For this piece I was thinking about both land and water. Every place on earth has one of these elements. What's different about Iowa is it's spectacular resource of both land and water. Iowa has some of the best soil in world for farming and according to Forbes.com, Des Moines, Iowa, was ranked best on their list of U.S. cities with the cleanest drinking water.
I started to think about the animals that live in both of these areas (land and water) and the most recognizable creatures I came up with was a bird and a fish. I then extracted different shapes and elements from each subject to come up with an abstract, representational sculpture for both land and water. For example, the elements I like most on fish are fins, scales, and the overall shape of the bodies. For birds I like beaks, feathers, and wings. Once the viewer explores the piece they will find details that relate to the elements mentioned above. Layering of metal represents scales, long swooping pointed shapes represents beaks and or wings, the overall shape of the sculpture is reminiscent of both a bird and a fish, the orientation of the piece implies flight, so on and so forth.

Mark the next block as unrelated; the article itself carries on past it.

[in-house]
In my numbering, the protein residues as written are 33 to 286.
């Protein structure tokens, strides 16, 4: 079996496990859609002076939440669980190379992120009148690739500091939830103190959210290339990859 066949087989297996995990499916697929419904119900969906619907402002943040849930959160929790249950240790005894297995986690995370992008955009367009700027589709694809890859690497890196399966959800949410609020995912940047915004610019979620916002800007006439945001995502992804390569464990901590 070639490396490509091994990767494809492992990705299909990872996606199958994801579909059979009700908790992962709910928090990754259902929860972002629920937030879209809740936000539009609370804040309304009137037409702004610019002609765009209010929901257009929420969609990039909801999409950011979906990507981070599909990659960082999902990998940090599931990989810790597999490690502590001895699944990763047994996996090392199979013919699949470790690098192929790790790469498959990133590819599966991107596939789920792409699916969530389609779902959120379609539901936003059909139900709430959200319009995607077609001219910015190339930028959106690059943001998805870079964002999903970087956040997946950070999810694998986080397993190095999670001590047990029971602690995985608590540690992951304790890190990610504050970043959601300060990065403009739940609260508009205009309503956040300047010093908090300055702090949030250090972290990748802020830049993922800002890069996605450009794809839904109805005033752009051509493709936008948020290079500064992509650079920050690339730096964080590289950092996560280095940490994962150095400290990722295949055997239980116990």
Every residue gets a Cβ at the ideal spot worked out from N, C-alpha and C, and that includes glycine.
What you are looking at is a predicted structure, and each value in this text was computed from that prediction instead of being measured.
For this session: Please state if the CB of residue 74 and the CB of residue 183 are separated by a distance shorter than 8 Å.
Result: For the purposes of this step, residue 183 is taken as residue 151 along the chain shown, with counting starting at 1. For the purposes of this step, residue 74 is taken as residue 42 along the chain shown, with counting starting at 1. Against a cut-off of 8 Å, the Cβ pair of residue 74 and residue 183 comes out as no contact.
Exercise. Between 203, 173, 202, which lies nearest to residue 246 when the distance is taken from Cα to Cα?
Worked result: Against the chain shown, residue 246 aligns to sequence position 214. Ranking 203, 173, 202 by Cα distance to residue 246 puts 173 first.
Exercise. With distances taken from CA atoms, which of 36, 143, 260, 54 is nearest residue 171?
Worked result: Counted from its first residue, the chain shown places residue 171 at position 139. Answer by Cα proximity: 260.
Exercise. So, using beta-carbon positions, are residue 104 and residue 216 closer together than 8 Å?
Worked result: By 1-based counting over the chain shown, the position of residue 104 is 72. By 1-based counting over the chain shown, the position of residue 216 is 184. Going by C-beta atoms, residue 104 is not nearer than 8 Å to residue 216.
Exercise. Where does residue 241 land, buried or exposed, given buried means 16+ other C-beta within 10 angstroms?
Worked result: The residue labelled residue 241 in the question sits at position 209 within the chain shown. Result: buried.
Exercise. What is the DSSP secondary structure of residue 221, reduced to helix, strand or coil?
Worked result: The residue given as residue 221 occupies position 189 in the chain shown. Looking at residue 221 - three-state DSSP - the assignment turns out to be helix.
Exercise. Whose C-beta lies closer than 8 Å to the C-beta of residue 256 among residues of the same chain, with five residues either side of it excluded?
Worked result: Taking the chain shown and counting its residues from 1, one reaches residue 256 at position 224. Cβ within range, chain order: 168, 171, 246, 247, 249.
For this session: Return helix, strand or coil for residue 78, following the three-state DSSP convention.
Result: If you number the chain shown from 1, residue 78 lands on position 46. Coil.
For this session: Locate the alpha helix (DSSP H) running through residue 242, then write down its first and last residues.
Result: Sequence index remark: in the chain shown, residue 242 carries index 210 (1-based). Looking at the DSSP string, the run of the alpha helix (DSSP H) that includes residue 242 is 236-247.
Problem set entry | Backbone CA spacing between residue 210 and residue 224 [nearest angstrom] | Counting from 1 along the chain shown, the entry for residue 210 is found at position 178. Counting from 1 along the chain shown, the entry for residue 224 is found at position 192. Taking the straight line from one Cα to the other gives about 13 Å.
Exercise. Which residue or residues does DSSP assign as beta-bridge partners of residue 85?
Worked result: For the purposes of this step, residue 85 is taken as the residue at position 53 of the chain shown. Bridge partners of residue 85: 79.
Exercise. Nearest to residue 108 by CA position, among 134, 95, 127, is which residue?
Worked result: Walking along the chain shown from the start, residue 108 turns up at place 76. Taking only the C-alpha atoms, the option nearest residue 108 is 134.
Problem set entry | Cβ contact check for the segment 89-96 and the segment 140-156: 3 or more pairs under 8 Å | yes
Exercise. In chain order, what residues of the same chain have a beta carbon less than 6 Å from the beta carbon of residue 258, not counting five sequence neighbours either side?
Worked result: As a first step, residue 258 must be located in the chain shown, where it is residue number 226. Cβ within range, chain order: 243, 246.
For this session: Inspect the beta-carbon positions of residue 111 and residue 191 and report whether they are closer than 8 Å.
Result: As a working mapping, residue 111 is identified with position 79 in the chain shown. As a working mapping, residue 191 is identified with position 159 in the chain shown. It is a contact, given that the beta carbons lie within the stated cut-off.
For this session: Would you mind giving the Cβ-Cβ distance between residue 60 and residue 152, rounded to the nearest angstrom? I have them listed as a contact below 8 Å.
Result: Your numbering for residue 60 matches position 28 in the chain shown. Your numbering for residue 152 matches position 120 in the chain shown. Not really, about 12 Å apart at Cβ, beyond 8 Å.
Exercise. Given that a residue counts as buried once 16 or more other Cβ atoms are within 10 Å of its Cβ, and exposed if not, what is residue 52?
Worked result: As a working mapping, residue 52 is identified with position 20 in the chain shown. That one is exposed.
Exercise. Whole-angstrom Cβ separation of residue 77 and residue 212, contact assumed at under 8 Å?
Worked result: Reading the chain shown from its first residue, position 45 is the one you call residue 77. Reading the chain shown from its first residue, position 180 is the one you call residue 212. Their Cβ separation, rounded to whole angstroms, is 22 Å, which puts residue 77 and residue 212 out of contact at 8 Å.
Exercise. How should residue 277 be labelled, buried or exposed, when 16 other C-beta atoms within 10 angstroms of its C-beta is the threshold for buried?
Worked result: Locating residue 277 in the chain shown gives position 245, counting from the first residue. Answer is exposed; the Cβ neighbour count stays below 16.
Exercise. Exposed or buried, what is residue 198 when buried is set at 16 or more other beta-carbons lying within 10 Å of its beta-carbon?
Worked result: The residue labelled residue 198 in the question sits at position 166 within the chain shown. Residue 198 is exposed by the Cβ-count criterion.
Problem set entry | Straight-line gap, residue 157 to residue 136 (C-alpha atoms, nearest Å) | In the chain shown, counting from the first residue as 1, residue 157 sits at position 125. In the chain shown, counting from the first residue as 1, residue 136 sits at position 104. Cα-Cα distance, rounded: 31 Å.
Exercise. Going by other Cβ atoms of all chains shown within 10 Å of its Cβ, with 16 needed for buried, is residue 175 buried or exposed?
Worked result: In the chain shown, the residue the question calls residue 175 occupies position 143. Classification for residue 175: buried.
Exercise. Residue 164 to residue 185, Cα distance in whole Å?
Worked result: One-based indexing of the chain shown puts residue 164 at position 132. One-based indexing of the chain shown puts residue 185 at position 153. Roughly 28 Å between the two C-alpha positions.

By using simple shapes and extracting several elements from both birds and fish I was able to create “At the Water’s Edge”.
Zachary George Bowman was born in 1988 in Carroll, Iowa. He received his BFA in Sculpture and a minor in Art History at the University of Northern Iowa in Cedar Falls Iowa in 2012. From 2010-2012, Zachary was a lab monitor and studied sculpture and ceramics at the UNI Ceramic Studio. In 2011, he was a metal fabricator for the Percent For Art Program at the University of Northern Iowa. Bowman was commissioned for outdoor sculptures in Coon Rapids, Iowa, in 2010 and 2011. His recent group exhibitions include the Annual Department of Art Juried Student Exhibition and the No-one Knows Me Like Yunomi exhibit at UNI, and the Raccoon River Art Fair Juried Show in Coon Rapids.
Sales price - $8,900
Stainless and Mild Steel, coated penetrol
5' x 9' x 7.5'